A gun attack in east Ukraine at the weekend threatens to derail a peace deal to prevent a broader conflict in the region, analysts say.» Read More
Nigel Lawson, former Tory chancellor, has urged George Osborne to fully nationalize the Royal Bank of Scotland, attacking the banking industry's bonus culture and what he says are its overrated "star" traders, the Financial Times reports.
French bank Credit Agricole warned on Friday that its fourth quarter results would be battered by 3.8 billion euros ($5.16 billion) in charges as the French bank reels from ill-timed acquisitions from before the 2008 financial crisis.
Germany's Dax index has risen 20 percent over the past year, reaching new five-year highs, even as the economy has slowed in recent months, but analysts say German stocks are still attractive because of the export potential of many of the companies.
Spain's short-selling ban came to an end on Thursday but analysts say that although the lifting of the ban is a sign of improved sentiment, further downward pressure should be expected in the coming weeks.
Spain's ruling People's Party denied on Thursday that Prime Minister Mariano Rajoy and other leaders received payments from a slush fund after a newspaper published what it said were secret party accounts.
CNBC's Simon Hobbs reports on today's market action in Europe, as shares pared losses after a series of earnings weighed on market sentiment.
After a slowdown in the fourth quarter of 2012, Germany's economy seems to be getting back on track and some analysts now believe Europe's largest economy will go from strength to strength in 2013.
Spanish Prime Minister Mariano Rajoy is expected to announce stimulus measures as soon as Friday and the EU looks willing to ease budget deficit targets for Madrid, but it could all be in vain as the debt mounts up, according to an HSBC economist.
There are hardly any jobs, generally low wages and it rains all the time: Not the usual picture that a country wants to portray of its culture or economy. However, U.K politicians are considering launching a negative publicity campaign in Eastern Europe to deter potential migrants from coming to the U.K. in search of jobs.
CNBC's Ross Westgate reports on all the market moving events from Europe.
Structured finance deals of a type last seen before the financial crisis are set to come back in 2013, according to market experts, signaling a return to the credit boom in 2004.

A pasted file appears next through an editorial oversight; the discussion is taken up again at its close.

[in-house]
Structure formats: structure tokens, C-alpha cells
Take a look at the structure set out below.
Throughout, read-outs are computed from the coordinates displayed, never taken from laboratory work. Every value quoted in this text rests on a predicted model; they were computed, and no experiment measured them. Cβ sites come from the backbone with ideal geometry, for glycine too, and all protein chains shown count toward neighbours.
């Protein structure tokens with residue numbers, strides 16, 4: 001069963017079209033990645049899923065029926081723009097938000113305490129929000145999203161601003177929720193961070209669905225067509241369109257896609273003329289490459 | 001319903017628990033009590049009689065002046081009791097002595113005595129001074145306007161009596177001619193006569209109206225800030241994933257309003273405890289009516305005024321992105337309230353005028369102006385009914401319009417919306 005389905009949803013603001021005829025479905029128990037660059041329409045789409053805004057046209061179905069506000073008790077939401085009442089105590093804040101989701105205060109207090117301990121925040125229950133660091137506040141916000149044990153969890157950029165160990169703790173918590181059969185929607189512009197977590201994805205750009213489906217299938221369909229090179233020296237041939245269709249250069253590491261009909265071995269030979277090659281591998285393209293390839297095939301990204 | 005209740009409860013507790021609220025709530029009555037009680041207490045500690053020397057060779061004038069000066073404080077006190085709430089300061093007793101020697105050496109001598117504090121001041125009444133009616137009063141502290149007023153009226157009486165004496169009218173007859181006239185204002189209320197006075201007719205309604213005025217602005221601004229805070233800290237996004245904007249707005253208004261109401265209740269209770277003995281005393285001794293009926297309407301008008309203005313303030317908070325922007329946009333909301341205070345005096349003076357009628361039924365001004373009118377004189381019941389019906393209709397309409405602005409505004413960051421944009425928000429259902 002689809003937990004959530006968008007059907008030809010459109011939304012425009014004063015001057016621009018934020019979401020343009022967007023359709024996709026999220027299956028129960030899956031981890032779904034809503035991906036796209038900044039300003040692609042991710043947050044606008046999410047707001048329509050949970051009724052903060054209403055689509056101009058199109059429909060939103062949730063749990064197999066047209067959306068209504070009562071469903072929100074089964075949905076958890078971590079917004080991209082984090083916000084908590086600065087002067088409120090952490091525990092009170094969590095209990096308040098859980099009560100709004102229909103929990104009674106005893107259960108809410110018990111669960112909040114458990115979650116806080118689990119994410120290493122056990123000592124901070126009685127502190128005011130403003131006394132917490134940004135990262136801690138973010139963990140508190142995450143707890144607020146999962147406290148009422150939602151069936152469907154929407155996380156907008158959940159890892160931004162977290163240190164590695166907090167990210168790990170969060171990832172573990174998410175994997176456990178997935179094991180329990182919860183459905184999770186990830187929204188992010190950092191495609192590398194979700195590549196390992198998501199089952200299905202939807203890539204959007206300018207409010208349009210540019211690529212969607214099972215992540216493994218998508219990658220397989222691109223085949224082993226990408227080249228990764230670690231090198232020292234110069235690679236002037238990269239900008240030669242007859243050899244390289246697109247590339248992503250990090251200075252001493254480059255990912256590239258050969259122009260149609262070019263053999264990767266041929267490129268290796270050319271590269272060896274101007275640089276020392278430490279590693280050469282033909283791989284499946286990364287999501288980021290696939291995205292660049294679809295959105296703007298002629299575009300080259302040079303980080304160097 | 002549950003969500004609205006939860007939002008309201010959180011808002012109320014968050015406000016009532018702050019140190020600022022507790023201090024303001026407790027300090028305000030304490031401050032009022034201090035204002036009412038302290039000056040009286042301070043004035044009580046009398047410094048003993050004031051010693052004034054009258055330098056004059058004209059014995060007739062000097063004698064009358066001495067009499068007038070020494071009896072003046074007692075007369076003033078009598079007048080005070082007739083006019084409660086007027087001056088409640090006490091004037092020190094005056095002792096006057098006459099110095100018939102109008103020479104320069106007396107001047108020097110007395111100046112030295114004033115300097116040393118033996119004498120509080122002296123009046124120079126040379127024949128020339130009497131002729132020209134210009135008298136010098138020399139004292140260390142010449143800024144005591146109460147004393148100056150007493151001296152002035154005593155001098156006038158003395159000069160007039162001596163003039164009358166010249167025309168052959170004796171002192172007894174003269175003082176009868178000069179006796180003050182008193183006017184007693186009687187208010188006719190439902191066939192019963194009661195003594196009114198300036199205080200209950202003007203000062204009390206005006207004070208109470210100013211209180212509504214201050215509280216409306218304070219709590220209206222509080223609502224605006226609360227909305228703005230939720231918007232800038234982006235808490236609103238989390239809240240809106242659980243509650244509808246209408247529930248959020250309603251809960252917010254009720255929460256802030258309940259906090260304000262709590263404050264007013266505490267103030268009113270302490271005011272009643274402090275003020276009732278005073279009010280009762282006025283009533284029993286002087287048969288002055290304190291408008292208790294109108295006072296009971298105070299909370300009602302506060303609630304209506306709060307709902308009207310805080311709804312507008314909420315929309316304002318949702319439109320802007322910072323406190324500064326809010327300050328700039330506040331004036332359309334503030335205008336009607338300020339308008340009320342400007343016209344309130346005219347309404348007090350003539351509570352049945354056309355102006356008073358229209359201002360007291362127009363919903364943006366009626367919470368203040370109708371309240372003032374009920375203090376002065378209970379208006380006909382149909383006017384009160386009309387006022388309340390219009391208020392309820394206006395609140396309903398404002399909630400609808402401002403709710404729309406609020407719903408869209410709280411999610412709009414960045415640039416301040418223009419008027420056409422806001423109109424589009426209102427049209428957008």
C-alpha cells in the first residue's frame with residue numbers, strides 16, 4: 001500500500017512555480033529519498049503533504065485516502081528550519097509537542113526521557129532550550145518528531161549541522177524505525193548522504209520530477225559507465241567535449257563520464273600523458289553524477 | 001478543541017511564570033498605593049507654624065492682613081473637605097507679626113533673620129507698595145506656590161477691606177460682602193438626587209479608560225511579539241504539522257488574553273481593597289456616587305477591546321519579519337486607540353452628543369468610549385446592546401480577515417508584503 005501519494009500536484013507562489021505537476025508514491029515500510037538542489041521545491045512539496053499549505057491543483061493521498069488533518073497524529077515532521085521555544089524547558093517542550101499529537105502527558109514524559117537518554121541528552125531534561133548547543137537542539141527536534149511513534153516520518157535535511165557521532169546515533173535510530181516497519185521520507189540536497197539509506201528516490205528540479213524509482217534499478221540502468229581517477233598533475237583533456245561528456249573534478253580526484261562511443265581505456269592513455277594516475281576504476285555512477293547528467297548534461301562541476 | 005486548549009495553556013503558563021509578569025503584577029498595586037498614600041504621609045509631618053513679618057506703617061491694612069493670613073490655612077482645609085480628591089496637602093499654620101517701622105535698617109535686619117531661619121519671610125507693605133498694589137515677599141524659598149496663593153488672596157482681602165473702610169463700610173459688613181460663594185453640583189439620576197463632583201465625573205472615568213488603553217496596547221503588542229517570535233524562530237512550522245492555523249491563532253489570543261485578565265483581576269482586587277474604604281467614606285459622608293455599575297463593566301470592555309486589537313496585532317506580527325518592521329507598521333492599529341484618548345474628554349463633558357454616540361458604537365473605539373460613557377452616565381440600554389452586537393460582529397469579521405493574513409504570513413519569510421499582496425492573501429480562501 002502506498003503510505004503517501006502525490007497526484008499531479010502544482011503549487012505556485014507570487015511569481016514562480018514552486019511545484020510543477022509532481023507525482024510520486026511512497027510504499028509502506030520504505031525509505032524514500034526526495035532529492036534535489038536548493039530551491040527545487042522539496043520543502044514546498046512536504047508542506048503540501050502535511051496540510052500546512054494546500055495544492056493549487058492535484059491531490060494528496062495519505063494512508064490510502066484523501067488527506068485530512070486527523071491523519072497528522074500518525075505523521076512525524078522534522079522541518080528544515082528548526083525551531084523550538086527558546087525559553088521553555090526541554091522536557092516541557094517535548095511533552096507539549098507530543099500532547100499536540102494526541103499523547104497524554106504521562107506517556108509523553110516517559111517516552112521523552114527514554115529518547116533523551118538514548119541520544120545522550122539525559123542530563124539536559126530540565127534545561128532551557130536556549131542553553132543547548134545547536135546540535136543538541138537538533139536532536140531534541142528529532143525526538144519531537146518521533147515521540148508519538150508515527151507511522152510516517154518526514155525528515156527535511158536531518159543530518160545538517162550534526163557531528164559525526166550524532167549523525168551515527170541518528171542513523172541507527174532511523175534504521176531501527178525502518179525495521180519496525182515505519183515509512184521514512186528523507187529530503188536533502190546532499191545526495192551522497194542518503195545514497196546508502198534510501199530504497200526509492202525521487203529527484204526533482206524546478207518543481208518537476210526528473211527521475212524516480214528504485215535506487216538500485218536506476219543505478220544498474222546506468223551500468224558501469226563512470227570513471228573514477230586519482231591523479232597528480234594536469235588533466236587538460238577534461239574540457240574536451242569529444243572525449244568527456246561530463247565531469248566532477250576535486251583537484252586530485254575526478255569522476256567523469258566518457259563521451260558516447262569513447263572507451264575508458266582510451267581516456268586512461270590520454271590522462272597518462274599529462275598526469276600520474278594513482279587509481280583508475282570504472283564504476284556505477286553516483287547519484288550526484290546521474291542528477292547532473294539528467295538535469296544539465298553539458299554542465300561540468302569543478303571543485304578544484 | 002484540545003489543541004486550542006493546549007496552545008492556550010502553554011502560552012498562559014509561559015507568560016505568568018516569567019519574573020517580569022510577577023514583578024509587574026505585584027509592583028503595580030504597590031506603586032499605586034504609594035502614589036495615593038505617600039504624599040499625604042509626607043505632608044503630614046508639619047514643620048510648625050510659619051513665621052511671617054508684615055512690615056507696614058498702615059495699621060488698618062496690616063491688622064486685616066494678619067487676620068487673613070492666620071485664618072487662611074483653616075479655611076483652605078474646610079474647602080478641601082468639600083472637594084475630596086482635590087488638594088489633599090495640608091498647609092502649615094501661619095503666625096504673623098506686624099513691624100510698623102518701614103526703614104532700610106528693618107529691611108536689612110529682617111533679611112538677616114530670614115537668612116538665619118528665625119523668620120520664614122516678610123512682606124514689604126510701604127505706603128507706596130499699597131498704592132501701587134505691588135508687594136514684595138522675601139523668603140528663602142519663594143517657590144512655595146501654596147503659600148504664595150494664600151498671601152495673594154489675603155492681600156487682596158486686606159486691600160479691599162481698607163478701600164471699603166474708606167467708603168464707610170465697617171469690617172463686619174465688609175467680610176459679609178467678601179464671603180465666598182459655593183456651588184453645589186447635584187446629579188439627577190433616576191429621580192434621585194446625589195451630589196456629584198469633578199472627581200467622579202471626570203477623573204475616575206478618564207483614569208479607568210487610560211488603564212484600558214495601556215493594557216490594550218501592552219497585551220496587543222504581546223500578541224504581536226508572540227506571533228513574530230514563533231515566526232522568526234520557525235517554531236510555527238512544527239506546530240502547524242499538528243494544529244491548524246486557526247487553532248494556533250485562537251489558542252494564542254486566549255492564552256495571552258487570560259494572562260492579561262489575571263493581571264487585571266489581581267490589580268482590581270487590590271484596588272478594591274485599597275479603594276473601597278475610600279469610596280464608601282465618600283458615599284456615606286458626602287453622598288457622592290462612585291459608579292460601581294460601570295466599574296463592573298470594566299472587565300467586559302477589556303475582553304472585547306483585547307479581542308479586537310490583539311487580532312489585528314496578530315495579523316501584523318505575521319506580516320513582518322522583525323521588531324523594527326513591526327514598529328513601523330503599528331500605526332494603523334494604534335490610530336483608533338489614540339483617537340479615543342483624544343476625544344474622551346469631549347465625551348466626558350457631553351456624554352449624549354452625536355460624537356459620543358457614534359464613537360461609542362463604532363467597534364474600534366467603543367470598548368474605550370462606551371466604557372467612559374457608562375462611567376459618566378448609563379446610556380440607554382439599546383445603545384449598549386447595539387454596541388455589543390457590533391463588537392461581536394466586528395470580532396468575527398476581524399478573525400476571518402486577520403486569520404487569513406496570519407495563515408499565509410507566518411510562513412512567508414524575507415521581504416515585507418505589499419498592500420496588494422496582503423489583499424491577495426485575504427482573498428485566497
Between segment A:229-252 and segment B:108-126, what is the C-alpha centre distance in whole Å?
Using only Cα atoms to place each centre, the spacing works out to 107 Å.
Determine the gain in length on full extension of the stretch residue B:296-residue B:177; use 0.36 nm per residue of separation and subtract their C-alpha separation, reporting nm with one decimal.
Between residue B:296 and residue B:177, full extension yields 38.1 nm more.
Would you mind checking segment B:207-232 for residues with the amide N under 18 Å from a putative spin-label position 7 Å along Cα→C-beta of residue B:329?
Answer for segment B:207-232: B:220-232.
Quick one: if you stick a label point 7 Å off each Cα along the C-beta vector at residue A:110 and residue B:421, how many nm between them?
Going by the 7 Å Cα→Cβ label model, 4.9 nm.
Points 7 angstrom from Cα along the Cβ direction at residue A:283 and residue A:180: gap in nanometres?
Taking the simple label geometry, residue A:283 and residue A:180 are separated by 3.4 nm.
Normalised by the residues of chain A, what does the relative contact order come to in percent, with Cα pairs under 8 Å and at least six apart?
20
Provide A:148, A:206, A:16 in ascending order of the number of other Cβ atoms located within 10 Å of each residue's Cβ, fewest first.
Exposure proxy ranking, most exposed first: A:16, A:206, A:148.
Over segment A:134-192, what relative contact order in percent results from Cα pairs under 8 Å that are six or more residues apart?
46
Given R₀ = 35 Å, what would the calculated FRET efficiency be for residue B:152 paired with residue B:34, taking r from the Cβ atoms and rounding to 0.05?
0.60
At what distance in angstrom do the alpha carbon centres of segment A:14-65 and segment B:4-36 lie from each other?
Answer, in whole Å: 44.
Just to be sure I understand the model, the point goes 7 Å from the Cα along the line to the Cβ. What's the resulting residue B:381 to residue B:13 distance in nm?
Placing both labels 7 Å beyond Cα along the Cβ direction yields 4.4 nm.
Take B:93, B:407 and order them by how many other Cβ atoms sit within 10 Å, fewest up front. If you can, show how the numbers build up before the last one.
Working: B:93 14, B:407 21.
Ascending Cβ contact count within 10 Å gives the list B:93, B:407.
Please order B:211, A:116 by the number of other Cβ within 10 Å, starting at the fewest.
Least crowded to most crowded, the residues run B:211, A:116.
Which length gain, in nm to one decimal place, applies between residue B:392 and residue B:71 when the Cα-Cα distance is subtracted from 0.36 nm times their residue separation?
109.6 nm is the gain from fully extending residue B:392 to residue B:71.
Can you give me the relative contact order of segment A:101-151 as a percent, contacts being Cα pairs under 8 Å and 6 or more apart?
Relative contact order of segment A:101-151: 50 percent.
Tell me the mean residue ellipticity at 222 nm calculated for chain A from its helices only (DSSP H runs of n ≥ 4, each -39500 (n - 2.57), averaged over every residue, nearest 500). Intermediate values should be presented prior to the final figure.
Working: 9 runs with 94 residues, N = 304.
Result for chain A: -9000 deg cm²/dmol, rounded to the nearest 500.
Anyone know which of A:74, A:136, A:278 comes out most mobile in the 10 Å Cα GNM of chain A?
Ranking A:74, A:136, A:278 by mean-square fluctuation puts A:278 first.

Olly Burrows, senior banks analyst at Rabobank, tells CNBC that the vast amount of legislation brought in after the banking crisis is now affecting credit flow to the real economy.
European markets have opened flat, with a focus on earnings.
Economic hardship has inspired a full range of clandestine entrepreneurship in Spain. The combination of higher taxes and unemployment has pushed desperate Spaniards to convert their apartments and underused lofts and warehouses into jazz clubs, hair salons, restaurants and even flamenco halls.
Paul Walsh, CEO of Diageo, tells CNBC the company are increasing their dividend again by nine percent but continue to see difficulty with consumer expenditure in Southern Europe.
Diageo, the world's biggest spirits maker, reported slowing growth in earnings on Thursday and the CEO told CNBC the Europe market was lackluster.
The man who made some of the boldest contrarian bets in the bond market last year has a new message for investors: get out of supposedly safe government debt now, before it is too late.
Accountants will have to determine more thoroughly if a bank can stand on its own two feet for well over a year without taxpayer help under draft changes from Britain's audit regulator.
Deutsche Bank shares rose 2.2 percent on Thursday, despite the company posting a 2.6 billion euro ($3.5 billion) pre-tax loss, after the lender reported capital ratios that were better than expected.
The heads of France's top three banks said tougher laws to curb risky trading would put the country at a competitive disadvantage as it struggles with record unemployment and a grim economic outlook.
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Jan Dunning, CEO of St Petersburg-headquartered hypermarket chain Lenta, says the situation in Ukraine has had no impact on the group, as consumer confidence remains unaffected in Russia.
Vincent Deluard, European strategist at Ned Davis Research Group, says the strong euro is a problem for the region's companies, especially for the large exporters.
European shares closed higher on Thursday as investors brushed aside concerns regarding Ukraine and focused instead on Wall Street earnings and the latest U.S. jobs data.